Entrepreneurship and the Firm

Entrepreneurship and the Firm

Austrian Perspectives on Economic Organization

Edited by Nicolai J. Foss and Peter G. Klein

While characteristically ‘Austrian’ themes such as entrepreneurship, economic calculation, tacit knowledge and the temporal structure of capital are clearly relevant to the business firm, Austrian economists have said relatively little about management, organization, and strategy. This innovative book features 12 chapters that all seek to advance the understanding of these issues by drawing on Austrian ideas.

Introduction – Entrepreneurship and the Firm: Austrian Perspectives on Economic Organization

Nicolai J. Foss and Peter G. Klein

Subjects: business and management, entrepreneurship, economics and finance, economics of entrepreneurship, industrial organisation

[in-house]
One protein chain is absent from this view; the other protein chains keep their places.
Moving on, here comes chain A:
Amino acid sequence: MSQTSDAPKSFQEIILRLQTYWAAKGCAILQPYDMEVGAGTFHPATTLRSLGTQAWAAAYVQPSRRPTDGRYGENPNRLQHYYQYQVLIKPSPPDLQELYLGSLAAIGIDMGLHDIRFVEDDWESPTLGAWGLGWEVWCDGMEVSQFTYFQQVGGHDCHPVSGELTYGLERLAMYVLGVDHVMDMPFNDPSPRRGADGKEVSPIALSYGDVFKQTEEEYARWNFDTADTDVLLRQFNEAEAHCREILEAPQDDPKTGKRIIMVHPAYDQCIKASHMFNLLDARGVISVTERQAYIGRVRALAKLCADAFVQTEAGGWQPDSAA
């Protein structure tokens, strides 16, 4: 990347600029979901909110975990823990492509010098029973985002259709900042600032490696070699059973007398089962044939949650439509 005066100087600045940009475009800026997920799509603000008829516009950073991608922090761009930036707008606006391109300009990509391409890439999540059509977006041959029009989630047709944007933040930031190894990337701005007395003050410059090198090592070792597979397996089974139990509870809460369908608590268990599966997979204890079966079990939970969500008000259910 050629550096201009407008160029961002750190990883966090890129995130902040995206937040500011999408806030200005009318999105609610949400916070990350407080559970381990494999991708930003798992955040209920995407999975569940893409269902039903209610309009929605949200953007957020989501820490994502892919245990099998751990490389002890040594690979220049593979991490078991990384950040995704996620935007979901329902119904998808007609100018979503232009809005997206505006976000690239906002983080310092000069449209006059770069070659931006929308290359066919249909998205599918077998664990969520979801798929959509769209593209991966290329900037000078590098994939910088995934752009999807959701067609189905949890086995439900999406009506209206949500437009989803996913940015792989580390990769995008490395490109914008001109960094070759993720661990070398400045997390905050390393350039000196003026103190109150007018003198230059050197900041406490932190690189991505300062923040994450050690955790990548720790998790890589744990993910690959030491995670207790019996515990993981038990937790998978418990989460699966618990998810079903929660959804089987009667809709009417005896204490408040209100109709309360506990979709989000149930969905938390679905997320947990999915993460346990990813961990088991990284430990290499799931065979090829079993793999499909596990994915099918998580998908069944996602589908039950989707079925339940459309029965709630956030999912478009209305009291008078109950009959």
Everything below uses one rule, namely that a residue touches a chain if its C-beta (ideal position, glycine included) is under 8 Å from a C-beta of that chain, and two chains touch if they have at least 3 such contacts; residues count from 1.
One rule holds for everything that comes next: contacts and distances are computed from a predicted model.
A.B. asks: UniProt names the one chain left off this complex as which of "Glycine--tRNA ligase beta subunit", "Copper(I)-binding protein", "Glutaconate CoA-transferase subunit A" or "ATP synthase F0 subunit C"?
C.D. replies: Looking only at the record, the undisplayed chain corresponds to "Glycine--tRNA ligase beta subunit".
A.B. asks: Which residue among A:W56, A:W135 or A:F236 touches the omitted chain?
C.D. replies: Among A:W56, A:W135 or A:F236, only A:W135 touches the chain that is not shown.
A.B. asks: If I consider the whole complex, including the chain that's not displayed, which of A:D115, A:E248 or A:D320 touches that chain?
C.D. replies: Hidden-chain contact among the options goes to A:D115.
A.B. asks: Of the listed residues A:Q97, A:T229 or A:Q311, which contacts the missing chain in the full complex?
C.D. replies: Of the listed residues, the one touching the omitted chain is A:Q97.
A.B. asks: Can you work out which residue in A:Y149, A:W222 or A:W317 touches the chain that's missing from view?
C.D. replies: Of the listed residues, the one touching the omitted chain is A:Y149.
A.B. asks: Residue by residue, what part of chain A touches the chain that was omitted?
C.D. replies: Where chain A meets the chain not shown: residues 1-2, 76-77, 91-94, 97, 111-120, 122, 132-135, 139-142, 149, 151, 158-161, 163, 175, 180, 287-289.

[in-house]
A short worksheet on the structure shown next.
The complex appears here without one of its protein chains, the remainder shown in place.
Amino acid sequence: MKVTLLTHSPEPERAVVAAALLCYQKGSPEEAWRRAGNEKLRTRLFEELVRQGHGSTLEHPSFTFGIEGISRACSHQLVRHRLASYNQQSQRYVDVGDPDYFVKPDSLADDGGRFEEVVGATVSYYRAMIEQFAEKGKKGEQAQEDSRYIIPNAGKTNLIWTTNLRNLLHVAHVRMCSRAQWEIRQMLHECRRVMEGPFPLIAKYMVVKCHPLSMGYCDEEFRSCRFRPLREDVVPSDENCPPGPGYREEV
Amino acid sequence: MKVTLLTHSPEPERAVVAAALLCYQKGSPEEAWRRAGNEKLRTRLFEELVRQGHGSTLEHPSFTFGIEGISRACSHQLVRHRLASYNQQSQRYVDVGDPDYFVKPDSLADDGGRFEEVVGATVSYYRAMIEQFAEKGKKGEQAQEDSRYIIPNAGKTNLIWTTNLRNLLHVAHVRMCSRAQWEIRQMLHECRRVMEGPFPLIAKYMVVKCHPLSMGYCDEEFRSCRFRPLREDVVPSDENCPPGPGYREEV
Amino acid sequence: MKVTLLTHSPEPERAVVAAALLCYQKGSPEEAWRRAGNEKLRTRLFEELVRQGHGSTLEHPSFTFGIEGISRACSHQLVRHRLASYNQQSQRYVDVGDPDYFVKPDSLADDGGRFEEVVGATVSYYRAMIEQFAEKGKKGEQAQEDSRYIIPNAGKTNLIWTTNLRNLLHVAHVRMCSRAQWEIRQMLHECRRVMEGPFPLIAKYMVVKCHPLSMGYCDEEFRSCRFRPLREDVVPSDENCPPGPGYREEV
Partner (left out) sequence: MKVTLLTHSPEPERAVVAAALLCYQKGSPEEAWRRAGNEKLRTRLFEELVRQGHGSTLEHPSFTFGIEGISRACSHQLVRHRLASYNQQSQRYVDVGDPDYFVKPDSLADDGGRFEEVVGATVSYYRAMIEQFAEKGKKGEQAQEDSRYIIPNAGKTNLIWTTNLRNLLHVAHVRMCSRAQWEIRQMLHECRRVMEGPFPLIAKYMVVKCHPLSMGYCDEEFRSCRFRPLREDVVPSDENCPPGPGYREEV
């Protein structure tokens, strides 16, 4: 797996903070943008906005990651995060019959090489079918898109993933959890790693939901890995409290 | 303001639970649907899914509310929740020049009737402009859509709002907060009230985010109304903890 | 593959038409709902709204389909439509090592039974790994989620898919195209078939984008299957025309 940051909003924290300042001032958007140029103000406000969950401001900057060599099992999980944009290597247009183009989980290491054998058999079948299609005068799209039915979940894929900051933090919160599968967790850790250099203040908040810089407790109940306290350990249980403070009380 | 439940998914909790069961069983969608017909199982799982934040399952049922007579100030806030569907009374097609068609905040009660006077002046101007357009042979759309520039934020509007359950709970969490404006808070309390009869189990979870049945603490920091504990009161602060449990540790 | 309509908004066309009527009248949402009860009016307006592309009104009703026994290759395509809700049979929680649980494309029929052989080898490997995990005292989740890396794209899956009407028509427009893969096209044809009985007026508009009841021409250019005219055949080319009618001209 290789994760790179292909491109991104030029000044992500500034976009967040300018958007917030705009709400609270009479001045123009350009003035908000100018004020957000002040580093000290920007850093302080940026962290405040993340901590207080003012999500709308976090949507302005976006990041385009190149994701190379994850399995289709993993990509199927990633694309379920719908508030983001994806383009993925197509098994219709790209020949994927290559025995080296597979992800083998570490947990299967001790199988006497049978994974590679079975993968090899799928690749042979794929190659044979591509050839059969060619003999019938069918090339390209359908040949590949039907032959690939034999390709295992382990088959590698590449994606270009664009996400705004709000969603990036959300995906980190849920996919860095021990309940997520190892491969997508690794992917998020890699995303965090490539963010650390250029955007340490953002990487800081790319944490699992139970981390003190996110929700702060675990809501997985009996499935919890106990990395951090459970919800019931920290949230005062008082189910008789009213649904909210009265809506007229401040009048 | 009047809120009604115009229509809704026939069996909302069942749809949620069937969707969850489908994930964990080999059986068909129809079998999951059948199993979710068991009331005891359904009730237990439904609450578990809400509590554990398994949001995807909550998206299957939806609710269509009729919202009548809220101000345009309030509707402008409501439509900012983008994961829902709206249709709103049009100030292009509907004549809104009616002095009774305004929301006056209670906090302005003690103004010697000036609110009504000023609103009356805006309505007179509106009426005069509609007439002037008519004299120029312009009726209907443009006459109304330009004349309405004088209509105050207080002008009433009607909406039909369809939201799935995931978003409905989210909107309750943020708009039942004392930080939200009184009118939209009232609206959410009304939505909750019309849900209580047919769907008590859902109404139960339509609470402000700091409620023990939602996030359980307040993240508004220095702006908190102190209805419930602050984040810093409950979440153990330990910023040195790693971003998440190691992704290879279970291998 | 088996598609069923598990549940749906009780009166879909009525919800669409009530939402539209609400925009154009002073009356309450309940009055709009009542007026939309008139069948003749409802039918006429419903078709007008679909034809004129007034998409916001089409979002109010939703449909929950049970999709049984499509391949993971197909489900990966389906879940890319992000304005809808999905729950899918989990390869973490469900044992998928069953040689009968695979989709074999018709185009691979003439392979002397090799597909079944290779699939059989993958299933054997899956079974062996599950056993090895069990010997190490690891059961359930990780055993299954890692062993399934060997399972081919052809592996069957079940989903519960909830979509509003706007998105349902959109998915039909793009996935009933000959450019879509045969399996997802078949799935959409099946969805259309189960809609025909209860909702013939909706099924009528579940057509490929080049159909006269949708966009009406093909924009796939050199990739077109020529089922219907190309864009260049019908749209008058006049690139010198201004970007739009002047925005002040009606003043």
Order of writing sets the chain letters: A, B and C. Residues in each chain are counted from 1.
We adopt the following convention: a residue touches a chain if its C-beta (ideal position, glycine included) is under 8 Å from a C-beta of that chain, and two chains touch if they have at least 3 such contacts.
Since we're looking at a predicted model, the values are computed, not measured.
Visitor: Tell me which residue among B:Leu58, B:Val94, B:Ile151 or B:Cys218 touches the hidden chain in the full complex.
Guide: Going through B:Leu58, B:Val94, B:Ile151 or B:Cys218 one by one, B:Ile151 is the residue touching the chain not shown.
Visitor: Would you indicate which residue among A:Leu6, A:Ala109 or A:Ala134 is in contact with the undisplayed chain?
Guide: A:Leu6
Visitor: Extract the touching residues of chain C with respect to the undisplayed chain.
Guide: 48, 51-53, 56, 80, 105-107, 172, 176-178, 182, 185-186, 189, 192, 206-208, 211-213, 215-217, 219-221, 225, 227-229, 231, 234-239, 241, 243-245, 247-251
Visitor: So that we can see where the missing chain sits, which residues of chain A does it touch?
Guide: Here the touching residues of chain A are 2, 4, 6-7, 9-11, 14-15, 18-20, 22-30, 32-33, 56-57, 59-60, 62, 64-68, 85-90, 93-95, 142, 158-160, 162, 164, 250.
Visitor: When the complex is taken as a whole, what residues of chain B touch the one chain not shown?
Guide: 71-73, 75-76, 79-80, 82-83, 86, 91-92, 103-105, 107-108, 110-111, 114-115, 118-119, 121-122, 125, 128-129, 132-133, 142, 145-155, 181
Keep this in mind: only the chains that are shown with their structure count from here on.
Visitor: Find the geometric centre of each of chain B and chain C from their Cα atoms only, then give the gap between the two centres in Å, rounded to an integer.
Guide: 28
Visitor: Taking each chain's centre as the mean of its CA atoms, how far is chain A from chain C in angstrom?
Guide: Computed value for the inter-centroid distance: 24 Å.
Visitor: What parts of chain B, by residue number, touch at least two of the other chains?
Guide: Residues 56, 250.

Introduction 4/7/02 1:44 PM Page 1 Introduction - Entrepreneurship and the firm: Austrian perspectives on economic organization Nicolai J. Foss and Peter G. Klein During the last 25 years the theory of the firm, or more broadly, organizational economics, has become one of the hottest areas of applied microeconomics (see Foss, 2000). It has had a strong impact upon business administration, particularly the organization and strategy fields. Though important insights into the economics of organization were offered much earlier by Knight (1921), Coase (1937), Penrose (1959), Richardson (1960), Malmgren (1961) and others, it was only in the 1970s that a systematic body of literature emerged explaining firms’ existence, boundaries, internal organization and financial structure in terms of economic principles. The key insights have also been applied to joint ventures, franchise agreements, long-term supply contracts and a host of other institutional arrangements, so that organizational economics may be described as a general theory of economic organization. Important strands of this literature are the transaction cost theory of the firm (Klein, Crawford and Alchian, 1978; Williamson, 1985) and the property rights approach (Grossman and Hart, 1986; Hart and Moore, 1990). Both focus on the relationship between asset characteristics and efficient ownership structures. Both, and perhaps particularly the property rights approach, are increasingly popular within mainstream microeconomics. Agency theory, which emphasizes the moral-hazard problem associated with delegated authority, has become the standard language of corporate finance (Jensen and Meckling, 1976; Fama and Jensen, 1983). The resource-based or capabilities theory of the firm...